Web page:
Change the smaller bit for the larger one that suits the diameter of the hole you want to make. Again, utilizing the same methods of placing the drill perpendicular to the wall and using a constant downward force, begin turning the drill bit slowly as it begins to bite.
Once you have arrived at the bottom of the hole, remove the drill bit.
6- Remove the Debris from the hole
Use the can of concentrated air to evacuate away any brick dust and ruins from the hole. Put your face at a distance while you do this. Make sure all the dust is removed. Oppositely it will endanger the integrity of your wall anchors.
7- Implant the Anchor
Implant the wall anchor, making sure it is at the same level as the wall’s surface. Offer up the object you are fixing and insert the screws. Please make sure they are strong and be careful not to overtighten them. Wall anchors are made of plastic and can be easily broken if overtightened. This degrades their grip on your object. If you do not want to utilize anchors, utilize anchor screws rather. They grip solid surfaces. Make sure you drill a hole somewhat smaller than the diameter of the screw so it can gain some gain.
8- Clean up the craft space
Keep your glasses and special respirator on, but you can remove the ear defenders at this stage. Clear away the biggest debris pieces, then take the vacuum cleaner to absorb the resting brick dust off. If you have a compact floor, use the broom. Once finished, get yourself outside with the can of concentrated air and dust off your shoes and clothes. After that, wash your clothes and take a bath.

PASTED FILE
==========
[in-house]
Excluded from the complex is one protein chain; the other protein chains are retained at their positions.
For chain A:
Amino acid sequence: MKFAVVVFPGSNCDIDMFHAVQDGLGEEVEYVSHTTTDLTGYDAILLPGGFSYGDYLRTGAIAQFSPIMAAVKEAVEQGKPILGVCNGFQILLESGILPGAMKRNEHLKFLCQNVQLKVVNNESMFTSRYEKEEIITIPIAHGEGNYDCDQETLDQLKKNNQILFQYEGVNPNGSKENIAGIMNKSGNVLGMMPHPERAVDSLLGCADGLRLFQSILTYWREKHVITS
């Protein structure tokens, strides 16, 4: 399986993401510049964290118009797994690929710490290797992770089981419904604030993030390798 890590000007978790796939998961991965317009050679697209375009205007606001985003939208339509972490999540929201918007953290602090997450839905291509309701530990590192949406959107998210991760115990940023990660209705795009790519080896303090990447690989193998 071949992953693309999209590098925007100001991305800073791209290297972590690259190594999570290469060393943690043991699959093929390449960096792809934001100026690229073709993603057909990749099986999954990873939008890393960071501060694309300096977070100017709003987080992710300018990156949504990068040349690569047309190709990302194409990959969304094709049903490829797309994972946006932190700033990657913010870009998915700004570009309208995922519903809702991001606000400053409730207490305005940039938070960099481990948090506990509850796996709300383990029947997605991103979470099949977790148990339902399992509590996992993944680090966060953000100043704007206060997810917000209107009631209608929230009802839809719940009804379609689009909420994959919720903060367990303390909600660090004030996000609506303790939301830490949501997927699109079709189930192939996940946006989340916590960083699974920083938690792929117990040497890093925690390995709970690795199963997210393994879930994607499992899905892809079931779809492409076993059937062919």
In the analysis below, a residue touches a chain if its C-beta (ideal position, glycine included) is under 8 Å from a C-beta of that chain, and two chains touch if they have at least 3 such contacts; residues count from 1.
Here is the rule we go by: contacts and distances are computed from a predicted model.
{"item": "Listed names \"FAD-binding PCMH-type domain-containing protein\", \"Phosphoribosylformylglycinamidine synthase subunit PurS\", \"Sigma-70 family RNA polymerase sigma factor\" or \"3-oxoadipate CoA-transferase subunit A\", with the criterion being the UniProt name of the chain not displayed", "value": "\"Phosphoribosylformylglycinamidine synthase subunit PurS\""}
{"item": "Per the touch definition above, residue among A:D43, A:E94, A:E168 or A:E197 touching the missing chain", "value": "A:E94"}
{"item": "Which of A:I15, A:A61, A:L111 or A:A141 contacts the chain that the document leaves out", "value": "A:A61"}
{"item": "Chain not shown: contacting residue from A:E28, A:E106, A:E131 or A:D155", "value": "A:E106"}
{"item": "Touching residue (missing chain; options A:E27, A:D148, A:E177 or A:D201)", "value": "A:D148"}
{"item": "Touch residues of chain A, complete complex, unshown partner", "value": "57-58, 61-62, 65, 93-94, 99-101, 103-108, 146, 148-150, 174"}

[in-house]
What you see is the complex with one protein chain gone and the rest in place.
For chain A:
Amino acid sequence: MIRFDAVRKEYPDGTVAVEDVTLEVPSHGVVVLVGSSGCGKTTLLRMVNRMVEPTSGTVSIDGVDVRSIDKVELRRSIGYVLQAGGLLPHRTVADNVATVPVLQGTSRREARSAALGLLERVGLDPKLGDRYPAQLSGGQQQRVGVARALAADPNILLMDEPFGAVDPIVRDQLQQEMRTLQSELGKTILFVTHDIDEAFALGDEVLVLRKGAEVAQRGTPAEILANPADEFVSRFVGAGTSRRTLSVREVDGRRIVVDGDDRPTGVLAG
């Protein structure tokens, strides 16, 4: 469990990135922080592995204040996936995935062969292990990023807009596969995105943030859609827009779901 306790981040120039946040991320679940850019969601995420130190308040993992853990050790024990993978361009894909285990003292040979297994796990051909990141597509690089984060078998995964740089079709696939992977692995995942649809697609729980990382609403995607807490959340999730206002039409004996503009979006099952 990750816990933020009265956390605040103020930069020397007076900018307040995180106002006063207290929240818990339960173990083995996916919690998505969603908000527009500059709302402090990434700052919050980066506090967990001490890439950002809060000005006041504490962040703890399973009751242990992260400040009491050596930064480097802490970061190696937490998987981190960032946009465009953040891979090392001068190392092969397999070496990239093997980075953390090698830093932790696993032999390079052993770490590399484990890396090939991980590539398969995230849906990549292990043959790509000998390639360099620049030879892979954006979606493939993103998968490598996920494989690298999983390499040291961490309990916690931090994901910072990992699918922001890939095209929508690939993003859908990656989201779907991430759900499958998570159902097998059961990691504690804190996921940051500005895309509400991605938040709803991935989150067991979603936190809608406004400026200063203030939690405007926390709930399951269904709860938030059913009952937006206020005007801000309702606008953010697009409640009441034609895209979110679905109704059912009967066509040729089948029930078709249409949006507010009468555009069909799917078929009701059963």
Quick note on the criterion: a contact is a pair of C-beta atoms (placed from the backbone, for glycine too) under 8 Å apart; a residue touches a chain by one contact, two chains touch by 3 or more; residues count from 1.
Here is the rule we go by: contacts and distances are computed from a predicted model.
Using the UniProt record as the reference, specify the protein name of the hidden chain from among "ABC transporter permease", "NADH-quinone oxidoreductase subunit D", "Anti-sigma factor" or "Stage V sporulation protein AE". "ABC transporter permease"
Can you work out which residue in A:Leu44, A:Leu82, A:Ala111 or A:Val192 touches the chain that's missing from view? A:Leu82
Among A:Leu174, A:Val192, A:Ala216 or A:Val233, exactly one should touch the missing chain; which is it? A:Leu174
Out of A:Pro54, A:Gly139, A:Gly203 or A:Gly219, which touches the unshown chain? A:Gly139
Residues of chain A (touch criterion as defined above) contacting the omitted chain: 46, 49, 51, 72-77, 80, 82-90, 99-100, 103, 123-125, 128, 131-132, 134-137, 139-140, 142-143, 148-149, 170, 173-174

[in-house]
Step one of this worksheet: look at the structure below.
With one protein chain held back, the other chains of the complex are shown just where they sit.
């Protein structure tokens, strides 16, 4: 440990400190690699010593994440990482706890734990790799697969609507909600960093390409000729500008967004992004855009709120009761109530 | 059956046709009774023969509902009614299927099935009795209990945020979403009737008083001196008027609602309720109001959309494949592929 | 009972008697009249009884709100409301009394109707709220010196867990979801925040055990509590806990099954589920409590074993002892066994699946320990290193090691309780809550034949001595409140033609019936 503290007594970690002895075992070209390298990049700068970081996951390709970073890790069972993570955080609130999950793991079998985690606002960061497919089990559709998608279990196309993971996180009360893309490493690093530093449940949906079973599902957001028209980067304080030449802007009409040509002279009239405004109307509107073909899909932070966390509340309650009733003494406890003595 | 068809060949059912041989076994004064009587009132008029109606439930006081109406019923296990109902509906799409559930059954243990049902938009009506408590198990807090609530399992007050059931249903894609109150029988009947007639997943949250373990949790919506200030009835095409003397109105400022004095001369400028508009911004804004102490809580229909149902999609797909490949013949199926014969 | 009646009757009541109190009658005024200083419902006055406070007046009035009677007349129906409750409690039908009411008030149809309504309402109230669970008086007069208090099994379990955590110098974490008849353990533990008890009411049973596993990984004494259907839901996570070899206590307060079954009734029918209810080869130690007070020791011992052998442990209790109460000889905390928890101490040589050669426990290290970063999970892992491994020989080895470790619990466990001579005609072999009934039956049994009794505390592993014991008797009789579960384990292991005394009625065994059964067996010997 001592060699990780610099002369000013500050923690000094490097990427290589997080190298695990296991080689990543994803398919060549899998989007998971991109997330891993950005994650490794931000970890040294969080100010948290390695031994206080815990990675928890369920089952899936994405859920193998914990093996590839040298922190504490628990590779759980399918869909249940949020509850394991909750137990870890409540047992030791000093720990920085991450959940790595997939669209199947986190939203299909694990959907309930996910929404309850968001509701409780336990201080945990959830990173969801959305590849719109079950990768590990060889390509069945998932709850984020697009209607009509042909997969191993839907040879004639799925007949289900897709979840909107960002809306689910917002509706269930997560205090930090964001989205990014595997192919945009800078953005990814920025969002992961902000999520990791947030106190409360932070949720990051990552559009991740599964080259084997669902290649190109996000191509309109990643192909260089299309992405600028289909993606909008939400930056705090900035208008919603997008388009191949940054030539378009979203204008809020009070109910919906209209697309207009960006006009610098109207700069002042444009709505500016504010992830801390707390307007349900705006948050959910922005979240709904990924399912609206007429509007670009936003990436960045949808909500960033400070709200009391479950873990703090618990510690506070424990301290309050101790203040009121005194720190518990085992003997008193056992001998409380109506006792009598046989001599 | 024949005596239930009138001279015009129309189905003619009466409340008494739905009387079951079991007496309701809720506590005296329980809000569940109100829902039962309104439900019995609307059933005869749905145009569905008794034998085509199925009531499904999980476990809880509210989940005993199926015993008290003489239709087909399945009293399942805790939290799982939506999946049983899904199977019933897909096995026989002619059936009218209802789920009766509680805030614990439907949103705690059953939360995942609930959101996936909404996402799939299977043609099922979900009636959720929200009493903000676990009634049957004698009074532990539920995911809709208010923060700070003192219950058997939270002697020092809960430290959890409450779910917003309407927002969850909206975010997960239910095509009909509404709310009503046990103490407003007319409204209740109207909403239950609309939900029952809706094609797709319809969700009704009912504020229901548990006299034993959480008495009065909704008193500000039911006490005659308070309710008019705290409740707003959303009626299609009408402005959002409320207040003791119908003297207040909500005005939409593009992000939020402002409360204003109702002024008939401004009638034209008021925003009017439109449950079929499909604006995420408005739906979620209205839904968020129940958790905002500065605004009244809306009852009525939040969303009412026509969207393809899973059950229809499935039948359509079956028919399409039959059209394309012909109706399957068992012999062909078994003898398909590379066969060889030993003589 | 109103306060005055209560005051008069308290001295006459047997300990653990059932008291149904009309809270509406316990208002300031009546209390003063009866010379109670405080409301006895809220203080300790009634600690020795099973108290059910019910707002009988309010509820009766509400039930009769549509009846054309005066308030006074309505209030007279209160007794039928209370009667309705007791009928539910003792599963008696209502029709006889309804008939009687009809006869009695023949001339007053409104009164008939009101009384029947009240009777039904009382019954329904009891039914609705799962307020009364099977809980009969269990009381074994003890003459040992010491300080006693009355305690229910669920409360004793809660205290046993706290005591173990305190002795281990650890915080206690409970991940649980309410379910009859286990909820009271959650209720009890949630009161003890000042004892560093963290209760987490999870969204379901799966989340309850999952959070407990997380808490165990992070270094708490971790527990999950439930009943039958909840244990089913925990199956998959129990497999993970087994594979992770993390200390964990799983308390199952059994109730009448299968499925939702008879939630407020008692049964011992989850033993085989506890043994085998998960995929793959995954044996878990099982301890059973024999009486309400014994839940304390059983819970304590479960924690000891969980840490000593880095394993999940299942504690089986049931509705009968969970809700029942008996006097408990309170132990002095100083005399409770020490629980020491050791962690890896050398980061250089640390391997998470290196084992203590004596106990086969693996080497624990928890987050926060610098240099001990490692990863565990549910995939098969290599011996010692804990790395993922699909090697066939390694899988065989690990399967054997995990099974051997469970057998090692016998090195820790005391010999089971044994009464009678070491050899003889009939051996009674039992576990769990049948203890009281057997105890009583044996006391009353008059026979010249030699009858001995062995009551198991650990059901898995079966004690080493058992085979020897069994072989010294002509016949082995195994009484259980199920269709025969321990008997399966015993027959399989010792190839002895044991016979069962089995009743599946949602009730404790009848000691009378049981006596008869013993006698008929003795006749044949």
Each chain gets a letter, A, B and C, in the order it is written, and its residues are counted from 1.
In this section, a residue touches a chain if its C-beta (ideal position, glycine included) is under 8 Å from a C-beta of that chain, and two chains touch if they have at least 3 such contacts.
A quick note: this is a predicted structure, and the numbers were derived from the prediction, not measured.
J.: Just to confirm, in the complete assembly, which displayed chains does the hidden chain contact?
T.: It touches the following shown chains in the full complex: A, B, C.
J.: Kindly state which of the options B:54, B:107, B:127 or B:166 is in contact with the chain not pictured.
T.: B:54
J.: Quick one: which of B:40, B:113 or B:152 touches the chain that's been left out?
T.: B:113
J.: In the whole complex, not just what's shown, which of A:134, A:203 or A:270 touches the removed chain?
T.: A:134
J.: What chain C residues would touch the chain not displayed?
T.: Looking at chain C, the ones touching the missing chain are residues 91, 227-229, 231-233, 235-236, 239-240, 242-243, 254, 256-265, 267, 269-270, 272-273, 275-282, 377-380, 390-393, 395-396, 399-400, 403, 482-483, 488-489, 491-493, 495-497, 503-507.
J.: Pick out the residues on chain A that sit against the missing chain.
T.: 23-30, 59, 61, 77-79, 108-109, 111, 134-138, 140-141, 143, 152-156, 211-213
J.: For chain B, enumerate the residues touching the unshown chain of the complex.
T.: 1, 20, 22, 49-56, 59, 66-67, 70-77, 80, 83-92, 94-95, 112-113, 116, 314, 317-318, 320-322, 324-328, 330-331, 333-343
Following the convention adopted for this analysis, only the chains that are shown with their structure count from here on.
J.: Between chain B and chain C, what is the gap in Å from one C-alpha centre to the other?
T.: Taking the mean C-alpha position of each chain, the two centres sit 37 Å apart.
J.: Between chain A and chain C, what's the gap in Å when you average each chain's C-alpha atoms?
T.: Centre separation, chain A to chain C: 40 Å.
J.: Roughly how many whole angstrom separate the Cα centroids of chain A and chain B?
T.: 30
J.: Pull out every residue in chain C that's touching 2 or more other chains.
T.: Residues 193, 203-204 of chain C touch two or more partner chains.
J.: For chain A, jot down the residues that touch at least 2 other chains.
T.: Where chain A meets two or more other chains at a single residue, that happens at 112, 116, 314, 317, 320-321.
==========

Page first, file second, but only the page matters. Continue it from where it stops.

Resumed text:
FAQ about drilling into brick
What kind of drill to get for a brick?
If you want to make just a small hole, you can do it using a rotary drill. However, you should know that the type of drill depends on the type of brick you have. Usually, older bricks are weaker and more accessible to drill into, but new ones can be solid and challenging. Consequently, under this circumstance, you will need something that can do the job. The tool you need is a hammer drill because it is excellent for drilling into masonry. It is what it was made for. The drill bit’s rotation is improved by the hammer action, pushing the bit up and down simultaneously.
What kind of drill do I have to get in order to drill into brick?
Hammer drills, also known as force drills or blow drills, are a powerful choice suitable for hard drilling surfaces like concrete and brick. A hammer drill is ideal for those more heavy-duty tasks around the house, from setting up shelves to securing gutters in position.
Can we drill into brick without a hammer drill?
Yes, it is possible. The best way for drilling into brick without utilizing a hammer drill is to use masonry drill bits in an alternative strength tool. While this power tool can be any sort of regular power drill, the best choice will be an influence drill if you can get one.
Drilling within brick is manageable, not something to be feared at all. Once you finish the first hole, you will be questioning what all the confusion was about. Yes! It is that simple. With the appropriate tools, precise guidance, and a strategy to accomplish the job (making double-sure you keep yourself protected and secure), you will be hanging mirrors, brackets, cabinets, shelves, or any other items in no time. So get yourself ready and start working.